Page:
Study Targets Improving Prehospital Asthma Treatment for Children

  • Published October 2, 2022
Asthma young patient smaller

The Charlotte, Houston, and Milwaukee Prehospital (CHaMP) node has a second clinical study, “Treating Respiratory Emergencies in Children (T-RECS) Feasibility Study,” working through regulatory requirements so that it can be funded and begin to initiate study procedures. CHaMP is the only node focused specifically on prehospital research within the Pediatric Emergency Care Applied Research Network (PECARN).

Below, the node shares the details of its initial pilot study that could lead the way to improved prehospital asthma treatment for children.

What is the T-RECS study?

T-RECS is a study of implementing a treatment bundle (including albuterol, ipratropium, and dexamethasone) to children with severe acute asthma symptoms who are being treated in the EMS system after a 911 call for difficulty breathing.

Why is T-RECS Necessary?

The TRECS study will help determine if treatments considered standard in the pediatric emergency department (albuterol, ipratropium, and dexamethasone) are effective when used together as a bundle in the prehospital setting. Asthma is the most common chronic illness in children and can be life-threatening. There has never been a prospective study on the treatment for severe asthma in the EMS setting.

“We do not know if the treatments we currently use in the hospital will be successful when they are implemented in the prehospital setting,” says Matt Hansen MD, MCR, associate professor of Emergency Medicine and Pediatrics and associate medical director, Oregon Health & Science University Pediatric Emergency Department, who is leading the study. “By implementing these treatments in the form of a bundle in the EMS setting, we hope to get the medications on board earlier, improve symptoms more rapidly, and improve patient outcomes.”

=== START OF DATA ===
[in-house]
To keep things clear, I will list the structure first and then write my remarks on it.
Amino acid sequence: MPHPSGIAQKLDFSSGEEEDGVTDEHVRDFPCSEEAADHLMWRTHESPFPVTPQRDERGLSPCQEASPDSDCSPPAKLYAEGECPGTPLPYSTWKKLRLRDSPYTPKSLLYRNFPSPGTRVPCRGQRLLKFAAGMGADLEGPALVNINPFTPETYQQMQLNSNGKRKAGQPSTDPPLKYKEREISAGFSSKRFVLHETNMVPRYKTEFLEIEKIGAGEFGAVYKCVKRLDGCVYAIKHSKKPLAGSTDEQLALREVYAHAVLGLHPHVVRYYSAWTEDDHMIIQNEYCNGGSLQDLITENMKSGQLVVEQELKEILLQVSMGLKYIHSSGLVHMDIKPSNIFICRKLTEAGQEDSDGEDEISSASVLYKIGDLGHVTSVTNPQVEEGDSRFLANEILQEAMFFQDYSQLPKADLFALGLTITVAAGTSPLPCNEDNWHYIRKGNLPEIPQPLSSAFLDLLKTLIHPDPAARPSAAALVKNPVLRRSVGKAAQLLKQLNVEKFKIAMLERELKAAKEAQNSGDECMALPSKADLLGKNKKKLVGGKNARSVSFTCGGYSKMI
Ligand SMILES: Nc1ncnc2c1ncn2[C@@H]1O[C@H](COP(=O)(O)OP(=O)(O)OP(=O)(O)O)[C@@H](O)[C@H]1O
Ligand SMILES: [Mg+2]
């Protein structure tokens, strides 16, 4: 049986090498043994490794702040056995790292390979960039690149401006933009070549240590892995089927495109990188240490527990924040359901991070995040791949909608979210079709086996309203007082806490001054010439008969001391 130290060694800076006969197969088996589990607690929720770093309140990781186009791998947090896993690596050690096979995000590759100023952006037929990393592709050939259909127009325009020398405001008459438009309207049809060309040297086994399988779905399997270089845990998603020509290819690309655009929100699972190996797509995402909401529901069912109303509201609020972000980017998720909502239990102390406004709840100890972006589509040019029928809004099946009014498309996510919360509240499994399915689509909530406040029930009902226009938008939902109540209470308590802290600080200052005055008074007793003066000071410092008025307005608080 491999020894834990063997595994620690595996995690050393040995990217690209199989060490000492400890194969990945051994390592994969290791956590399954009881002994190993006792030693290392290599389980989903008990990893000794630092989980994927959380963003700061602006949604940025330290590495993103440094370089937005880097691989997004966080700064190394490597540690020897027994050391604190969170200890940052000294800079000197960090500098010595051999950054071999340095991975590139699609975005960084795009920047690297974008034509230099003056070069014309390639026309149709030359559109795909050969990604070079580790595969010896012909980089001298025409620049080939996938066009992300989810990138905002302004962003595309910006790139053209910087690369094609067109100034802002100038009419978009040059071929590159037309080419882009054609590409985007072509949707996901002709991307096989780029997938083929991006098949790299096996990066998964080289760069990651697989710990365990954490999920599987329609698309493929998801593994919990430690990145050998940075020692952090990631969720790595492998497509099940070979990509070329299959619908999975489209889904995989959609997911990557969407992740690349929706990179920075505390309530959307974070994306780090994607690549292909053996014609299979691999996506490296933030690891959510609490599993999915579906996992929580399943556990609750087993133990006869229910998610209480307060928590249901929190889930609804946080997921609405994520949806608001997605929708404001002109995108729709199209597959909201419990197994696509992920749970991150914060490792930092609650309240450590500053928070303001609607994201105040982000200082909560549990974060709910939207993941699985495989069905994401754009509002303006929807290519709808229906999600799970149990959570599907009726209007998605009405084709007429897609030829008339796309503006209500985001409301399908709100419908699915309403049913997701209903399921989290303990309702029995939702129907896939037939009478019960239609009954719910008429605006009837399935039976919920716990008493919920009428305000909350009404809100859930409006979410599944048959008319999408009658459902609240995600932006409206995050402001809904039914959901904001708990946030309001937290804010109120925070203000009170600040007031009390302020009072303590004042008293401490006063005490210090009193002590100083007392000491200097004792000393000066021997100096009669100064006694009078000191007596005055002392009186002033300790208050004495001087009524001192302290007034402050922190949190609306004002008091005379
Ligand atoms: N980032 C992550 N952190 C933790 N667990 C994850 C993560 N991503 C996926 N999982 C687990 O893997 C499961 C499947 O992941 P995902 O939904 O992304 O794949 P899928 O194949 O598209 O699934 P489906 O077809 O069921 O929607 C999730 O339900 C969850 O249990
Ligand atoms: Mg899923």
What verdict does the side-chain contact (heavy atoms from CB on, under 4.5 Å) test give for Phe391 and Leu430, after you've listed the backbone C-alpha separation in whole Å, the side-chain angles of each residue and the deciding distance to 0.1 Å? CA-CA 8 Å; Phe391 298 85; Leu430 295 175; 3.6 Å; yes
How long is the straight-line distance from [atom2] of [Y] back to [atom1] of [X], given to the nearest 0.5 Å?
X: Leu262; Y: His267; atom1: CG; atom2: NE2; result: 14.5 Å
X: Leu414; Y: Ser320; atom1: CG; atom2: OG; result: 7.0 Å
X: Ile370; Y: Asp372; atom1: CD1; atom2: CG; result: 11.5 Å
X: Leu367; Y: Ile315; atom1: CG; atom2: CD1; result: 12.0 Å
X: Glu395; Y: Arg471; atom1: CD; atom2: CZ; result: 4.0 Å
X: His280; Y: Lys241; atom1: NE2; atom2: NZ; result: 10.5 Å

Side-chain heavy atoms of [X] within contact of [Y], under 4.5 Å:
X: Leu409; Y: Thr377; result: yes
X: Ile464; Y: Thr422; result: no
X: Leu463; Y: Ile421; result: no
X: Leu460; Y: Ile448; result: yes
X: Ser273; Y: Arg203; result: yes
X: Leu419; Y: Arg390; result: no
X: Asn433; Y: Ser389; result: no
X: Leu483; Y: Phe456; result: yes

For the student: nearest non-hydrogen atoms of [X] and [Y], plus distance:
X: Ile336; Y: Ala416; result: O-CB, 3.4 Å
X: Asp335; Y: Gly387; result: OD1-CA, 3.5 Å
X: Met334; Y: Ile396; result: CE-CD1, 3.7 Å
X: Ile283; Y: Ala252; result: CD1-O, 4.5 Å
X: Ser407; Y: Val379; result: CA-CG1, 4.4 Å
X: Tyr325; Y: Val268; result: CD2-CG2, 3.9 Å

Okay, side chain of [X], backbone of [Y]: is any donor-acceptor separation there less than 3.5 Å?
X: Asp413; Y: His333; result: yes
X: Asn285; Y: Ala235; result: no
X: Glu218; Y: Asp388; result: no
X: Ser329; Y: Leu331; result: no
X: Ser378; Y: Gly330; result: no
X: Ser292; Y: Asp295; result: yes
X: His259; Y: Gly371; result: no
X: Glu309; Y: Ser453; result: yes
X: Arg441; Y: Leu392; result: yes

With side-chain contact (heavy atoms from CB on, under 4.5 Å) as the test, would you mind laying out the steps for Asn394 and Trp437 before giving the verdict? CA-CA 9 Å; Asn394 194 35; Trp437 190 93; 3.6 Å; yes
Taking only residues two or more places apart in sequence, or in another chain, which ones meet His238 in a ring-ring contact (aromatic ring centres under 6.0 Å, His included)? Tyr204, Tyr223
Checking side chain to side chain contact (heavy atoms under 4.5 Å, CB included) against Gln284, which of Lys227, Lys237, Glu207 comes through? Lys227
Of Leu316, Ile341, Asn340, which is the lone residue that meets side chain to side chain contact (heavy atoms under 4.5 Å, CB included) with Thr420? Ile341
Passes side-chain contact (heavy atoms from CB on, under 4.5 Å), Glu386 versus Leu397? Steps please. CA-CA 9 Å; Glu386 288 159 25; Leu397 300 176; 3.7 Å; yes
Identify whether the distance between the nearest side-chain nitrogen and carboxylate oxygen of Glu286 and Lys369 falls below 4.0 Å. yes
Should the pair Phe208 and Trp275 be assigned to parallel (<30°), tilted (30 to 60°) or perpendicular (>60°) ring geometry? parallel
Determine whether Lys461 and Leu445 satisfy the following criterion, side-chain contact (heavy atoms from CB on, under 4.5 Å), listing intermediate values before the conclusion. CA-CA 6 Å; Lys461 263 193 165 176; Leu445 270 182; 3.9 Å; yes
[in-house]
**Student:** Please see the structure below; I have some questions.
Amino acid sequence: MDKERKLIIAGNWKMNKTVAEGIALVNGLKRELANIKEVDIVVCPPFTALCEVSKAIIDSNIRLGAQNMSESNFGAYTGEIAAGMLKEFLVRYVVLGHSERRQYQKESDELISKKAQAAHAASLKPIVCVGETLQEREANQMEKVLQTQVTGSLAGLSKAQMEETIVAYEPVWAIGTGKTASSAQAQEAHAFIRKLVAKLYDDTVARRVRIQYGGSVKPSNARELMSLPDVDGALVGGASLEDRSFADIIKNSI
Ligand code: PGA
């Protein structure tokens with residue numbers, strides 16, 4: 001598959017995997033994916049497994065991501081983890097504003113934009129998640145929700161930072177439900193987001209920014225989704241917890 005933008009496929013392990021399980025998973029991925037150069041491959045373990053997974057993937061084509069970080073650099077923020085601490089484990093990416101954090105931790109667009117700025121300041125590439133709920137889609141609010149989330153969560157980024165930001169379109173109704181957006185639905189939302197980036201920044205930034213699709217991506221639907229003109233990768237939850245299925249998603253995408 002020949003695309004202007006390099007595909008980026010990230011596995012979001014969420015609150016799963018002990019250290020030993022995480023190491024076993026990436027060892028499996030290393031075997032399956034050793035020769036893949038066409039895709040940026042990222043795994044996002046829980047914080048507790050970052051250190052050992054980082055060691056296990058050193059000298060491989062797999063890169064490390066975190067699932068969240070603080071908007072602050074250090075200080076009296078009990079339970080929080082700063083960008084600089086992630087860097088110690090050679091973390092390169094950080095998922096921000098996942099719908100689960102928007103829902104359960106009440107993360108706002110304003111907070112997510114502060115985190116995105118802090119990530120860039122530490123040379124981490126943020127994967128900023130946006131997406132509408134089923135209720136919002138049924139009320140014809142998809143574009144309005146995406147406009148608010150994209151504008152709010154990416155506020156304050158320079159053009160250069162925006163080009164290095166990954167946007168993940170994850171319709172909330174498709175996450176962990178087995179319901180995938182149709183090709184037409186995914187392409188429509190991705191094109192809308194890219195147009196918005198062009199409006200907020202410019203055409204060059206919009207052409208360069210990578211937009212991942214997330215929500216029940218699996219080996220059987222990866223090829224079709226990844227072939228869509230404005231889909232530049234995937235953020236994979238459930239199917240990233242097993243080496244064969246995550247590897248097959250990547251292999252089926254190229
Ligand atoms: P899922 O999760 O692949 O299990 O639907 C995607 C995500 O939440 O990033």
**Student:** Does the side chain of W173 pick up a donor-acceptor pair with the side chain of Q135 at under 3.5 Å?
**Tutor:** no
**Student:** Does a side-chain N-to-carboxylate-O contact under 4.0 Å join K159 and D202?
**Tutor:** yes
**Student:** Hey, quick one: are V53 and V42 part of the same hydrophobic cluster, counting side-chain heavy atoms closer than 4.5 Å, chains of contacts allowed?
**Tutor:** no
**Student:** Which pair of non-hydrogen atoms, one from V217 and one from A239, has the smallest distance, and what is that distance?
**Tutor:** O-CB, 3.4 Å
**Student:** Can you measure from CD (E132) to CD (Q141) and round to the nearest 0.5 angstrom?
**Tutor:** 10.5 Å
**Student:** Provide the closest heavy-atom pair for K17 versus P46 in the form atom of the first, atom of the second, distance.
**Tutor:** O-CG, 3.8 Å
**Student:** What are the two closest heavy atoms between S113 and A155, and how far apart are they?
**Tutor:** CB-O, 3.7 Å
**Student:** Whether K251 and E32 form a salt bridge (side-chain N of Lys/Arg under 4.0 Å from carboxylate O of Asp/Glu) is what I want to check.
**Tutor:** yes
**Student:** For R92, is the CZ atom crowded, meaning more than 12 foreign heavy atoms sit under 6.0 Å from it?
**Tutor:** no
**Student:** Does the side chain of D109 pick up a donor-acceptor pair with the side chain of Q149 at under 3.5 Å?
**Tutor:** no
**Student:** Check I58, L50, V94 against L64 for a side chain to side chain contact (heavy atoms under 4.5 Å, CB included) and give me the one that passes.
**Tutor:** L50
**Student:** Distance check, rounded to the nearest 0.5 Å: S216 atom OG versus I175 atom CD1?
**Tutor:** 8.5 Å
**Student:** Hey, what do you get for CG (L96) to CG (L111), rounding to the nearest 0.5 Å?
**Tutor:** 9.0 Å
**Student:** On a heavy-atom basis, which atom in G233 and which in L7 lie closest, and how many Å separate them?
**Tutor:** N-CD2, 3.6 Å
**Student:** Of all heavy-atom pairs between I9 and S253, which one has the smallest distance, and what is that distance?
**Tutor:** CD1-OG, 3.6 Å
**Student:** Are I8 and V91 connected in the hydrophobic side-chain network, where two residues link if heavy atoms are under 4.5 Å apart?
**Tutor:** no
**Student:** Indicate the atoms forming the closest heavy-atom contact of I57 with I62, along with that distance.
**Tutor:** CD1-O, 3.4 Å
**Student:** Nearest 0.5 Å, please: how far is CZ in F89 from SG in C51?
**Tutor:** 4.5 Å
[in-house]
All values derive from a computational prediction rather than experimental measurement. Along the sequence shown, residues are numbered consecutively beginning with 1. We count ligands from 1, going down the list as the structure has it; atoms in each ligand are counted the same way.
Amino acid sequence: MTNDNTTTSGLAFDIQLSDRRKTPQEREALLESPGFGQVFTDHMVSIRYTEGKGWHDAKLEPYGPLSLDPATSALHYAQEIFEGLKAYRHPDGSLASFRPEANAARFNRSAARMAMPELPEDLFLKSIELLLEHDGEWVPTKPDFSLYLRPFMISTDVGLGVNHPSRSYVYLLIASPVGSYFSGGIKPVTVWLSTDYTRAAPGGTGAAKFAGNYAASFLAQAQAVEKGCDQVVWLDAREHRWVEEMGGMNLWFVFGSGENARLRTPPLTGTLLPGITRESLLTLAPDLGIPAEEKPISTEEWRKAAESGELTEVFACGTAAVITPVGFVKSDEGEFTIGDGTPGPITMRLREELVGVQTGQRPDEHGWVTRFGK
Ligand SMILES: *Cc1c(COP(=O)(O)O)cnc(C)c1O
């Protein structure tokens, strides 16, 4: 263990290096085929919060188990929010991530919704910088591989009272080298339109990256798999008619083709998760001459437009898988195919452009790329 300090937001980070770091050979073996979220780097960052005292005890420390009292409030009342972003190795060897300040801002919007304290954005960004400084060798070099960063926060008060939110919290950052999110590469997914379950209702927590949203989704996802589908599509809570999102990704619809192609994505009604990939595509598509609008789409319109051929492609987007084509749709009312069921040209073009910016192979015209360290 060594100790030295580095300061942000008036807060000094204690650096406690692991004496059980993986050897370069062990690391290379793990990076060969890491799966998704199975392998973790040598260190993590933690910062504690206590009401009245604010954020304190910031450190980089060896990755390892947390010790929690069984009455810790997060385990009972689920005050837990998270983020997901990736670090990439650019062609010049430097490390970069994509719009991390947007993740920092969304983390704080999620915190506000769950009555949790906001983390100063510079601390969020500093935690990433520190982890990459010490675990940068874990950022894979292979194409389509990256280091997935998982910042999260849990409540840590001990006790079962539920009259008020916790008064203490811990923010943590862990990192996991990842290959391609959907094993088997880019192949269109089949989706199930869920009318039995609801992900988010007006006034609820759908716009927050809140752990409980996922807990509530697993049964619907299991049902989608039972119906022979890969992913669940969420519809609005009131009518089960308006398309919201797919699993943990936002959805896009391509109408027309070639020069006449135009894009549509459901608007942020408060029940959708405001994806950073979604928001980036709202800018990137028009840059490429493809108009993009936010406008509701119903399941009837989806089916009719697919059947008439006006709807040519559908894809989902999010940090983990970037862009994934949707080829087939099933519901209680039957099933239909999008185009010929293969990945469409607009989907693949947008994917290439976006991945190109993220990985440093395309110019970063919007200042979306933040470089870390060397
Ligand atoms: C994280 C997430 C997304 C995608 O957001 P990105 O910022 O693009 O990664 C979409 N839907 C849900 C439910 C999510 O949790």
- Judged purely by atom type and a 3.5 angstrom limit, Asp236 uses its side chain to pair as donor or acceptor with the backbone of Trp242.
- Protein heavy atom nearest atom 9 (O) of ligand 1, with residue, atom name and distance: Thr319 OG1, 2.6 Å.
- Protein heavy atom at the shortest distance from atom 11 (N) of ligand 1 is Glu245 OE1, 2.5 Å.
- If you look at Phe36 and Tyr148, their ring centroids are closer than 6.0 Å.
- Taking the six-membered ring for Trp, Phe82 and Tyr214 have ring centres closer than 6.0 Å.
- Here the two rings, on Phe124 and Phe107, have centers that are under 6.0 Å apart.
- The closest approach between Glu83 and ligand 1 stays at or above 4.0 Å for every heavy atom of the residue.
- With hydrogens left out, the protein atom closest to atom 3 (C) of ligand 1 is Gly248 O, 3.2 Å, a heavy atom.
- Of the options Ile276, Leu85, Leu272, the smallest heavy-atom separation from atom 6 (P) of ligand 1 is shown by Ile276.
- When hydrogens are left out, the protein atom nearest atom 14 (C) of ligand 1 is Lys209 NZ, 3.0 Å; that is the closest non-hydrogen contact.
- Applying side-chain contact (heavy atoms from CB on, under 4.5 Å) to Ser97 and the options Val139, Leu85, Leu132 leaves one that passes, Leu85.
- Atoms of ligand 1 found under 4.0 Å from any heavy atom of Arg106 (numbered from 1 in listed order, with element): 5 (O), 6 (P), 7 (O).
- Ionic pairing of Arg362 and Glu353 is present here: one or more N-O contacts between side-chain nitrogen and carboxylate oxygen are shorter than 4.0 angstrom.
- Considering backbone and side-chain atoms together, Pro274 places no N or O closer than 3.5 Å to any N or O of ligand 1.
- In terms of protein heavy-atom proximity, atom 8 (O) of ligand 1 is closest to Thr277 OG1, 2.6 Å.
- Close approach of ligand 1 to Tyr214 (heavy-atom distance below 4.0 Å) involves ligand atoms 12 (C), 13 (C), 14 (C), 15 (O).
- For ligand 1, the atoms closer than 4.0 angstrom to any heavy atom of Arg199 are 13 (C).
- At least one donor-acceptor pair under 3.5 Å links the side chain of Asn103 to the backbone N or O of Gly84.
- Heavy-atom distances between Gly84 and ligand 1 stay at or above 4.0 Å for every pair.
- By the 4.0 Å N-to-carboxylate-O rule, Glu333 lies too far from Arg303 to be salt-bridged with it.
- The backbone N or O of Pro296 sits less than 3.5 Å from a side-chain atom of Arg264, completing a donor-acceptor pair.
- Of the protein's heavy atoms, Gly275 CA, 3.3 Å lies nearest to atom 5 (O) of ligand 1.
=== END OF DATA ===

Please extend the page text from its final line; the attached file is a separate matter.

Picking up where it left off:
What will the T-RECS study help us learn?

T-RECS is a pilot study. Pilot studies are needed when doing a new type of research to make sure researchers can work through potential challenges on a smaller scale before starting a larger study.

“T-RECS will test our ability to successfully implement the bundle in children with severe asthma and collect the study outcomes, which include the NIH Patient-Reported Outcomes Measurement Information Systems (PROMIS) asthma impact scale that measures quality of life,” says Hansen.

When the study is completed, it will provide the necessary information to plan a larger study to fully test the effectiveness of the medications.

“Since this is a study of severe/life-threatening asthma, we will not have time to get consent before starting the treatment. We plan to have children enrolled under exception from informed consent following federal rules for emergency research.”